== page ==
Anger as Michaella McCollum celebrates return to Northern Ireland after three years in Peru jail with party at Dungannon home
Party time at convicted drug smuggler's family home... but peer voices anger at McCollum's high media profile and questions the morality of possible attempts to profit from her notoriety
The return of high-profile convicted drugs mule Michaella McCollum from Peru to a party resembling a hero's homecoming in Northern Ireland has sparked anger.
The glamorous 23-year-old Co Tyrone woman flew into Dublin on Saturday night after travelling from Lima - where she had been on parole for attempting to smuggle £1.5m of cocaine.
It was the first time the notorious Dungannon woman had been in Ireland in over three years after she was arrested at Lima airport in August 2013.
She is believed to have spent her first night home partying and celebrating her release with family and friends in Co Tyrone.
But her arrival has sparked fury from politicians.
DUP MLA Lord Morrow was critical of her homecoming, saying it resembled that of a "minor celebrity".
"This is the return of a convicted criminal yet a great deal of the publicity which appears to surround her currently resembles a minor celebrity," he said.
"The harm caused by the drugs she attempted to smuggle affects communities everywhere and that should not be forgotten.
"A question which remains is whether her return will be followed by attempts to remain in the public eye, or even to profit from the notoriety she achieved with her crimes.
"The focus should be on the victims of drug abuse in our society and not those who contributed to their harm."
McCollum was released from prison in Peru on March 31 after spending less than three years behind bars with Scot Melissa Reid.
She had been ordered to spend the next six years of her sentence on parole in the city.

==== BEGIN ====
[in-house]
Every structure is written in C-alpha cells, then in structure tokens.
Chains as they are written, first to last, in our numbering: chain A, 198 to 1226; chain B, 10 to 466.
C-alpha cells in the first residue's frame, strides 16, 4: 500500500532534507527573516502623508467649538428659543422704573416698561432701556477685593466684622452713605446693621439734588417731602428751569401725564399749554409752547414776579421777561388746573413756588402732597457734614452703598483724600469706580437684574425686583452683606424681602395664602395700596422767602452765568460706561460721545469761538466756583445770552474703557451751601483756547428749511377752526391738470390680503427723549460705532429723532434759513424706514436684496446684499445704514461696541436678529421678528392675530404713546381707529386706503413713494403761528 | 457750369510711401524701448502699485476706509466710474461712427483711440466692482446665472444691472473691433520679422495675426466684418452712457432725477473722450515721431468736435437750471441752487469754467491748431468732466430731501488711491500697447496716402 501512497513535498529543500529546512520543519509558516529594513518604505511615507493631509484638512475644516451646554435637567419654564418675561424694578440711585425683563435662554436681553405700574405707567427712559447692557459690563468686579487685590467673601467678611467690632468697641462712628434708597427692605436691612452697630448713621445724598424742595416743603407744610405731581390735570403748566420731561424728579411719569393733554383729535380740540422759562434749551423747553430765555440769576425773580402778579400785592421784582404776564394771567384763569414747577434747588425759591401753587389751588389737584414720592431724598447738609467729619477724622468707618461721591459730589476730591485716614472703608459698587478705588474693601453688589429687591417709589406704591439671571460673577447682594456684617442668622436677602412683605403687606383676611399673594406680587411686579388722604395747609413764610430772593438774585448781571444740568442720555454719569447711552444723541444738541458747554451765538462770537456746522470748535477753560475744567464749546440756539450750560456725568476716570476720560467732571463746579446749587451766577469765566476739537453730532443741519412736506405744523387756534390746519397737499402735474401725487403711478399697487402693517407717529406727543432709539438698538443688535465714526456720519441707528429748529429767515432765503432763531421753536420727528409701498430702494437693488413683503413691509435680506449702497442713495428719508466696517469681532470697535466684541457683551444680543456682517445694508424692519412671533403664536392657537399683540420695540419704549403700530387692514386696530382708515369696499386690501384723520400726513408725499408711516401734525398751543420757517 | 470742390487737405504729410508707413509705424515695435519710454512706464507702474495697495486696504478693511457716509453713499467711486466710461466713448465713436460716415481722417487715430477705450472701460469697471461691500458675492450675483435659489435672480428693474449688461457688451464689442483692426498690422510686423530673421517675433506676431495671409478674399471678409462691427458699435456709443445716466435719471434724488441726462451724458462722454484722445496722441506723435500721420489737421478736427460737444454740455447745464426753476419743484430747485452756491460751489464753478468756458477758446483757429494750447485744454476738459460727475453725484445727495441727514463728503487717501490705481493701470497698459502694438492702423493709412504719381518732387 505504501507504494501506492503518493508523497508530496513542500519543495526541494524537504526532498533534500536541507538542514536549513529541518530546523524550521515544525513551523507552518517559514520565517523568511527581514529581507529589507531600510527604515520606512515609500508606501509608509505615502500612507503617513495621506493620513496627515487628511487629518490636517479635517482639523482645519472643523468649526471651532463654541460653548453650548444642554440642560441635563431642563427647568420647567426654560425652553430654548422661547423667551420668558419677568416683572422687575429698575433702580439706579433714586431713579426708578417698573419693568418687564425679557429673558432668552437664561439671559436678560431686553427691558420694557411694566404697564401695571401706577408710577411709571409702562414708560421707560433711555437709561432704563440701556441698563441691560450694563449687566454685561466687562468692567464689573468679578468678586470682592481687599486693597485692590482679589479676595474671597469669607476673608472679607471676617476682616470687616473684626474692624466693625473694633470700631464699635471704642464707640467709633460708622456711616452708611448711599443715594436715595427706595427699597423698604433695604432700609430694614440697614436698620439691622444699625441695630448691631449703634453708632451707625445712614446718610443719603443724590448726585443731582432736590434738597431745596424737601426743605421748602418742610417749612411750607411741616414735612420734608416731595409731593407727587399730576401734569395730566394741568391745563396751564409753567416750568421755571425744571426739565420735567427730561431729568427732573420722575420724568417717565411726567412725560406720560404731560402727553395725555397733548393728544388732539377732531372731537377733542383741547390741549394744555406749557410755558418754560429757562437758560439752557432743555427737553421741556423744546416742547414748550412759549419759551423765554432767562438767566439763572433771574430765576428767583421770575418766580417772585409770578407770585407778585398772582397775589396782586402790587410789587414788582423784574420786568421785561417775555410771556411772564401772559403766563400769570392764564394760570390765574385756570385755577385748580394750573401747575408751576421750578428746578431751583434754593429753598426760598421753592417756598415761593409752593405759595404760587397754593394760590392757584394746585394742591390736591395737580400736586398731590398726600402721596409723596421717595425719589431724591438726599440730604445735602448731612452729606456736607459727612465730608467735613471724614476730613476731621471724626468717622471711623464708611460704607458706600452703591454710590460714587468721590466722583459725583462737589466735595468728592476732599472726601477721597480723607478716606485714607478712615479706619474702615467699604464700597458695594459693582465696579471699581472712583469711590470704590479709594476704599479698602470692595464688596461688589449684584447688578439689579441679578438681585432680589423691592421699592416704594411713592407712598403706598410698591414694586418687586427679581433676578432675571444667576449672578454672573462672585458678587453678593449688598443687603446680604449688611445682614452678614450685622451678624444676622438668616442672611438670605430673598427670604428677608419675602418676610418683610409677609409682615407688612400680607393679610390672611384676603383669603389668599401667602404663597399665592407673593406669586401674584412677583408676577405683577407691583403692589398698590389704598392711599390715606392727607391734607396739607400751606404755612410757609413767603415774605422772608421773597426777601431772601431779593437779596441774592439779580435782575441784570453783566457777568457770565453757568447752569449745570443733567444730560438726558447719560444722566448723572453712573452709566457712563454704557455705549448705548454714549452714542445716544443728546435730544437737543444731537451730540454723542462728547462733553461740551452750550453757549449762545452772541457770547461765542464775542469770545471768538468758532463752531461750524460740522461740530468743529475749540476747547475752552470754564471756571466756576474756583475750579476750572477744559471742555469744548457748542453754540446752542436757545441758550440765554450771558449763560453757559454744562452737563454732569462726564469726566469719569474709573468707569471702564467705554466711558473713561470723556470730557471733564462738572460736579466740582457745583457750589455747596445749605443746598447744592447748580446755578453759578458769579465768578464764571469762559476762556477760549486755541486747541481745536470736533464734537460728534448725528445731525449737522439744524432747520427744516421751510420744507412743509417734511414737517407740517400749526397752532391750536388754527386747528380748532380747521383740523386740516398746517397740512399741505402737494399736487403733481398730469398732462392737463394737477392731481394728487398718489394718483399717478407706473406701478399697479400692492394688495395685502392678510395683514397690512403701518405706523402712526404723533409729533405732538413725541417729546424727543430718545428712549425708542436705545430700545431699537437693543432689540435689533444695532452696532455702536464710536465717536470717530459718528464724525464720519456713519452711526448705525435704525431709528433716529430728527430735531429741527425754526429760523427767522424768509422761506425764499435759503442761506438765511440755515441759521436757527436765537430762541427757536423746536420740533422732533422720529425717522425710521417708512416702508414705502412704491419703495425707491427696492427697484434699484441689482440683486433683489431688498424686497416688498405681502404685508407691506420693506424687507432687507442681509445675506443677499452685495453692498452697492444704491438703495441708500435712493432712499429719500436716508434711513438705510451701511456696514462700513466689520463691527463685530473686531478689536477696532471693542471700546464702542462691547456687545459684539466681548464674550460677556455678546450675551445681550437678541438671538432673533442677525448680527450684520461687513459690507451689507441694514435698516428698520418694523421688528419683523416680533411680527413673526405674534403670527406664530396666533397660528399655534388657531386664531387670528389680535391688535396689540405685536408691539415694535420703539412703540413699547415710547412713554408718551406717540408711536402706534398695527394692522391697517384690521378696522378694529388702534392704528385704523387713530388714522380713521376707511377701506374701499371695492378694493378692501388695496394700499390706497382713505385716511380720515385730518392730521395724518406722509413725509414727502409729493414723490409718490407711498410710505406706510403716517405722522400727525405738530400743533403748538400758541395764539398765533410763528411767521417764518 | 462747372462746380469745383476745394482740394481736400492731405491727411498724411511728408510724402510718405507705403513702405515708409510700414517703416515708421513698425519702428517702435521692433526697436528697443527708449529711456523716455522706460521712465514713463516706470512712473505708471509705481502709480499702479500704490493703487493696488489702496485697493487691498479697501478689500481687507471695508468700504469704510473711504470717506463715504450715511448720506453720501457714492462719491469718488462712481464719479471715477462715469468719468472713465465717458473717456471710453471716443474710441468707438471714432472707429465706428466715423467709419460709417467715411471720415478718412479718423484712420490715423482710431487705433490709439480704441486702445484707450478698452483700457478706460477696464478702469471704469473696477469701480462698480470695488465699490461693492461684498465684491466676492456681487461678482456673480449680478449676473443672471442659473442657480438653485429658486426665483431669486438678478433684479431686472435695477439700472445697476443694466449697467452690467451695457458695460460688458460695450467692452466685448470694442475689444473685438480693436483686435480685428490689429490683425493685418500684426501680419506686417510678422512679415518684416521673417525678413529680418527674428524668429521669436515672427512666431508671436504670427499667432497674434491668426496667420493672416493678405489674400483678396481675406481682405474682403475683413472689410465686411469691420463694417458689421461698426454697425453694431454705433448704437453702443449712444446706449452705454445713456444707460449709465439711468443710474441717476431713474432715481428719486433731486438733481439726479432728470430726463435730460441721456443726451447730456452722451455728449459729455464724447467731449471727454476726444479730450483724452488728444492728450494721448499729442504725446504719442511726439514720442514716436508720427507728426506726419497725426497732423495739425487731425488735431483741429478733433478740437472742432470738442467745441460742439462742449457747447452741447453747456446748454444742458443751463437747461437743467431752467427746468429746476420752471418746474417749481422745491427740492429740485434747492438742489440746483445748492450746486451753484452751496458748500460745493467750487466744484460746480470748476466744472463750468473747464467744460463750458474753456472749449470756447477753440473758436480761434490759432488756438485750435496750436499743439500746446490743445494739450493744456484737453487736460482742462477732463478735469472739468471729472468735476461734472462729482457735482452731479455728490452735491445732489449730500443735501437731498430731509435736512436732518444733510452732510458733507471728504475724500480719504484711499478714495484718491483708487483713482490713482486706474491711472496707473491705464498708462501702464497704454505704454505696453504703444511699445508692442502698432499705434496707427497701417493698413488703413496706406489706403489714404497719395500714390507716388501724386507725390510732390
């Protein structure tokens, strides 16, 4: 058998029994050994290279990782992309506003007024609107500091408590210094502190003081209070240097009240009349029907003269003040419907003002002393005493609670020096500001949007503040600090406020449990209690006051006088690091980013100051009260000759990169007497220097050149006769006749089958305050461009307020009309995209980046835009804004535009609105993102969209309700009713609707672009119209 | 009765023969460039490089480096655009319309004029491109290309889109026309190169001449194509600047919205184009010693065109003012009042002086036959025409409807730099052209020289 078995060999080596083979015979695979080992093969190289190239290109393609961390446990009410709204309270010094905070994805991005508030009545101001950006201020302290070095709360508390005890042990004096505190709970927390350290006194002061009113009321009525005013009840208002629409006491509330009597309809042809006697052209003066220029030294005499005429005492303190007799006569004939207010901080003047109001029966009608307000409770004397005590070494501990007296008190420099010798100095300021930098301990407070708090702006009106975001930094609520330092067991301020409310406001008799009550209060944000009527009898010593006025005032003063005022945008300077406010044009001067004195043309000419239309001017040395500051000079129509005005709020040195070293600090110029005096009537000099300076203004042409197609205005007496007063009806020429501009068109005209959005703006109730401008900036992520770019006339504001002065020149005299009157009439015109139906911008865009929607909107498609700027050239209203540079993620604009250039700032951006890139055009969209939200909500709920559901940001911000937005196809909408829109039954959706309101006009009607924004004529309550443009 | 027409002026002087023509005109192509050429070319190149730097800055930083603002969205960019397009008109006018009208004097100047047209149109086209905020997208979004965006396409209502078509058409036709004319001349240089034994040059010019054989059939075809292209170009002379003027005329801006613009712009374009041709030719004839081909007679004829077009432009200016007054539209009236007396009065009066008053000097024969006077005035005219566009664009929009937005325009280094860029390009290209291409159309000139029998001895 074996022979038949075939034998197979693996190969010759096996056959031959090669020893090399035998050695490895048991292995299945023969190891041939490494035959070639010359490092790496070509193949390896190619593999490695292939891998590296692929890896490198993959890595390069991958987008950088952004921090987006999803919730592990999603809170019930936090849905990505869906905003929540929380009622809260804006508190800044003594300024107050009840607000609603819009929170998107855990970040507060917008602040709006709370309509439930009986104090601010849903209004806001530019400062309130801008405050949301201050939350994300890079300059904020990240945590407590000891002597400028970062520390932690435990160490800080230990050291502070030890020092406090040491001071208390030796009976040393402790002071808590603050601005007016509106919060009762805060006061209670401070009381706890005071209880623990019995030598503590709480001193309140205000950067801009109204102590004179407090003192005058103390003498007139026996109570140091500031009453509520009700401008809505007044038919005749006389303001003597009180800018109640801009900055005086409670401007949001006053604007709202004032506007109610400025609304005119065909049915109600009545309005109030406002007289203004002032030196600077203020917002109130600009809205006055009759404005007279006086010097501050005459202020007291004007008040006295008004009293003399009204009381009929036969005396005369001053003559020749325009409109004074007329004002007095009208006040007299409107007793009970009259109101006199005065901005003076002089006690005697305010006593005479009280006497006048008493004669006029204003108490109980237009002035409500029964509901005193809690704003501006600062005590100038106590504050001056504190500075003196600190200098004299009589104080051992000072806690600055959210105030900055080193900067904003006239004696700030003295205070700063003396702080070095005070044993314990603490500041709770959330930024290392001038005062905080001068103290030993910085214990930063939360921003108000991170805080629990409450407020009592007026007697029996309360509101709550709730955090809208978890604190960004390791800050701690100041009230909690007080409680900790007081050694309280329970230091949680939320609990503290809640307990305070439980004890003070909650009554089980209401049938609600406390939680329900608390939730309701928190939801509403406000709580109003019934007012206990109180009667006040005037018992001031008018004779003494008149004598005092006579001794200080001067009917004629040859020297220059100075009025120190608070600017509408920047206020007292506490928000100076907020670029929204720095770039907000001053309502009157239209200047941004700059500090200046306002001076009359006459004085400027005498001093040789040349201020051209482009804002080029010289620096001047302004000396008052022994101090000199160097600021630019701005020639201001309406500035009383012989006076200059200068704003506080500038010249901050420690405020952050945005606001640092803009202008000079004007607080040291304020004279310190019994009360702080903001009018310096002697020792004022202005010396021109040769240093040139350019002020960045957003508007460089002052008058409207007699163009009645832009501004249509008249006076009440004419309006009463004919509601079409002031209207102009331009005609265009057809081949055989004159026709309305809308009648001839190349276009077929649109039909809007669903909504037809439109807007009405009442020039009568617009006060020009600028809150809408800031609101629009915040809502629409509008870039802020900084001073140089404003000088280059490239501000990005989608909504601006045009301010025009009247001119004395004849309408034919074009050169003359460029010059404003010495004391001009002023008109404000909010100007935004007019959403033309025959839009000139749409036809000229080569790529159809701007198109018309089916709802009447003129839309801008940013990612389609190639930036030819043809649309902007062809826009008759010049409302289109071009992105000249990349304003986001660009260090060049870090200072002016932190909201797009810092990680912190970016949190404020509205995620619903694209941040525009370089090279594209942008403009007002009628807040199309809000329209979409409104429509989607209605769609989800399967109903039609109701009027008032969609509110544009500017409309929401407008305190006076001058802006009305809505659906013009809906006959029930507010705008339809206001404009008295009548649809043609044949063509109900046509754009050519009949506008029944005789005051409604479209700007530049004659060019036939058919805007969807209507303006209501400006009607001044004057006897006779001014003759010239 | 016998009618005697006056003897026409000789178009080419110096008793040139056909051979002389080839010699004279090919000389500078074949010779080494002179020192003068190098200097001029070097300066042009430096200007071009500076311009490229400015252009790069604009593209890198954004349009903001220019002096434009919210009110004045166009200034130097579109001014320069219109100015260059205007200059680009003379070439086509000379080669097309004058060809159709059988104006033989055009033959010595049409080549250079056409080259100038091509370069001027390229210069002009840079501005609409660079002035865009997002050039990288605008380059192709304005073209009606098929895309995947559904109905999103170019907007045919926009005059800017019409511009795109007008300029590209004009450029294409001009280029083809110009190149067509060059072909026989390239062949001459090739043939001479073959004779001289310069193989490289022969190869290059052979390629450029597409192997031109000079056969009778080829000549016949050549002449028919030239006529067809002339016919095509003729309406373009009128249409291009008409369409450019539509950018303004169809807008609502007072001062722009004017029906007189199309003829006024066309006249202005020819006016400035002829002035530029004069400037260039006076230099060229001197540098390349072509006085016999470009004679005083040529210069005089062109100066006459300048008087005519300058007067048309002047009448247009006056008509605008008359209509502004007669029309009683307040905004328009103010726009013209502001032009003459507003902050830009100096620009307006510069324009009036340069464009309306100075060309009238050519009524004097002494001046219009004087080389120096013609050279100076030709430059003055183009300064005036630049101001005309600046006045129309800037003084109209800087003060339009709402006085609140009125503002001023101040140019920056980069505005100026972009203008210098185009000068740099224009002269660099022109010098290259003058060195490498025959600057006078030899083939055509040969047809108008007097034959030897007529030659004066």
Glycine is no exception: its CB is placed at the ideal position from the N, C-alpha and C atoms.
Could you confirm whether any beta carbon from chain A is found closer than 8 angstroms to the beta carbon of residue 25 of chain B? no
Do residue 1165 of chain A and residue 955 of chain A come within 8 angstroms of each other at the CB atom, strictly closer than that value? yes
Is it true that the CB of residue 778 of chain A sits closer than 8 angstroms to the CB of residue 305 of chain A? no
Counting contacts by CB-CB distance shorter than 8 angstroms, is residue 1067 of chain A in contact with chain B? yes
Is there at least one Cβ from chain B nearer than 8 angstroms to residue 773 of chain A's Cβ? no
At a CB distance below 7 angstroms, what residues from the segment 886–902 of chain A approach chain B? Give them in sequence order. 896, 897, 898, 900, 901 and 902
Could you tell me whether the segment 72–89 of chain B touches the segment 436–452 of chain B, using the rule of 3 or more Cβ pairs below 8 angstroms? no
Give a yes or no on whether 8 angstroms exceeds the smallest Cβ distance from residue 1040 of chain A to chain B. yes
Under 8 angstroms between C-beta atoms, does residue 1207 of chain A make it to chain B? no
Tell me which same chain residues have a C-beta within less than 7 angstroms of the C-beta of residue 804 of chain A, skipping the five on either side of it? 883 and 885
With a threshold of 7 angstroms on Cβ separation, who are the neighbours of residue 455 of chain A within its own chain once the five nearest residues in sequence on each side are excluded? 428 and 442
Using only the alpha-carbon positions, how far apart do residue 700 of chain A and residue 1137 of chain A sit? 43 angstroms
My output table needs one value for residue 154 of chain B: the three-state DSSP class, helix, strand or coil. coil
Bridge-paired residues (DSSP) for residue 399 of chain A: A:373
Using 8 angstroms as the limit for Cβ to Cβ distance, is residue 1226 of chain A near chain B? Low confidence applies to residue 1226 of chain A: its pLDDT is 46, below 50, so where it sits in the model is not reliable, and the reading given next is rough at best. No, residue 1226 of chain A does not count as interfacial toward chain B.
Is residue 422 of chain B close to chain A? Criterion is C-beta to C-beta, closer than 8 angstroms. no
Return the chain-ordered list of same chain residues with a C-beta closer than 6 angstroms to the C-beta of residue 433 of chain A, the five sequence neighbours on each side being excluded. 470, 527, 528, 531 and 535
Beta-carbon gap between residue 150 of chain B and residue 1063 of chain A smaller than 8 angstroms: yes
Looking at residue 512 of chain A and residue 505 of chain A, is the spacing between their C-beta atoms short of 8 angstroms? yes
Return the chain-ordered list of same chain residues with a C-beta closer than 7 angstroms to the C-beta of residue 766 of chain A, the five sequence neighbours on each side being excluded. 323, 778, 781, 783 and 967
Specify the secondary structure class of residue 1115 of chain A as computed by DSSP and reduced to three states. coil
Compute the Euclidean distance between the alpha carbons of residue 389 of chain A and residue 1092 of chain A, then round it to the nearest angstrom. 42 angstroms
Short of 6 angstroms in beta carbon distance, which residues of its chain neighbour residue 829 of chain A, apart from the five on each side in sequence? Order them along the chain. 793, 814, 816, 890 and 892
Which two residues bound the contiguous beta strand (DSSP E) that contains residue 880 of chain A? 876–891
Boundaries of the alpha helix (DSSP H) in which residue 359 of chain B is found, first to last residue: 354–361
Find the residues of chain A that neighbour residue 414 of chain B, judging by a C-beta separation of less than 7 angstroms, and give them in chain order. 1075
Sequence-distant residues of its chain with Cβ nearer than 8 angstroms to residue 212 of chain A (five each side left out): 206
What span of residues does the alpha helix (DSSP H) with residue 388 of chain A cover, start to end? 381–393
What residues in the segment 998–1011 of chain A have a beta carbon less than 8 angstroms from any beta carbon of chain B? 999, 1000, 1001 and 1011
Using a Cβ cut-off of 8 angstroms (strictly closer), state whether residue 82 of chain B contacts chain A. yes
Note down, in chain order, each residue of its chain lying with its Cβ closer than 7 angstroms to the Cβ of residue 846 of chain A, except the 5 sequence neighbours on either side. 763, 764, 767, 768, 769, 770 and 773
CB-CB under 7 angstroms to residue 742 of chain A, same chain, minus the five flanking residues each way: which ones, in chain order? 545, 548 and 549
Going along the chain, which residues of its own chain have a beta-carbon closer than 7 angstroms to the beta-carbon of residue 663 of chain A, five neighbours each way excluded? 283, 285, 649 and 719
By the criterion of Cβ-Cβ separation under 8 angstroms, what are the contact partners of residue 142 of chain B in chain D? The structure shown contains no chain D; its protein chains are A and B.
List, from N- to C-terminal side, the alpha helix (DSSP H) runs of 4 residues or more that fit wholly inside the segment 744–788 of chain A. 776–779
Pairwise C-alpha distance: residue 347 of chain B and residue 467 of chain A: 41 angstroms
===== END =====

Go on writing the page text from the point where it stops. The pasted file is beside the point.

But after reports that McCollum made a secret deal with Peruvian authorities recently, she was given permission to fly back to Northern Ireland.
The MP for the area, Tom Elliott, said it would be "more appropriate" if she had remained in the South American country to finish her parole.
"She served her time in prison but people will be asking was that enough and does it fit the crime?" he asked.
"I would have thought that if it was part of her conditions that she had to remain in Peru, then it would be more appropriate to remain there at this stage and it would have been seen as better justice.
"There will be a mixed reaction with her arriving home.
"Friends and family may probably be pleased to see her coming back whereas others will say it's a pretty serious crime, she should have done the full sentence. A lot of people could have been seriously damaged and had their health seriously damaged if she would have pursued with that crime."
McCollum arrived in Dublin at around 8.30pm on Saturday.
She walked through the arrivals area alone but did not talk to the waiting press as she dragged two suitcases behind her.
She remained outside for several minutes for family members.
When asked where she had planned to go by reporters, she replied: "Home."
However, hours before she landed in Dublin, the former dancer posted pictures on Instagram as she prepared for her long journey home.
Wearing a black vest top and black jeans, Michaella was greeted by two females before making her way back to Dungannon where she was met by other family members.
McCollum and Reid - nicknamed the Peru Two - were working in Ibiza for the summer when they travelled to South America three years ago. They were arrested as they attempted to smuggle the cocaine in their suitcases. However, they denied knowing the luggage contained drugs, claiming they had been kidnapped and forced to become drug runners.
They later admitted the offence and were jailed for six years and eight months.
In June, McCollum was criticised after being pictured living it up in the capital Lima with fellow cocaine smuggler Kaouthar Essafi, who she befriended in prison.
Following her release from prison, she was spotted partying in nightclubs and dining out at plush restaurants, despite agreeing to do charity work while living with a local priest.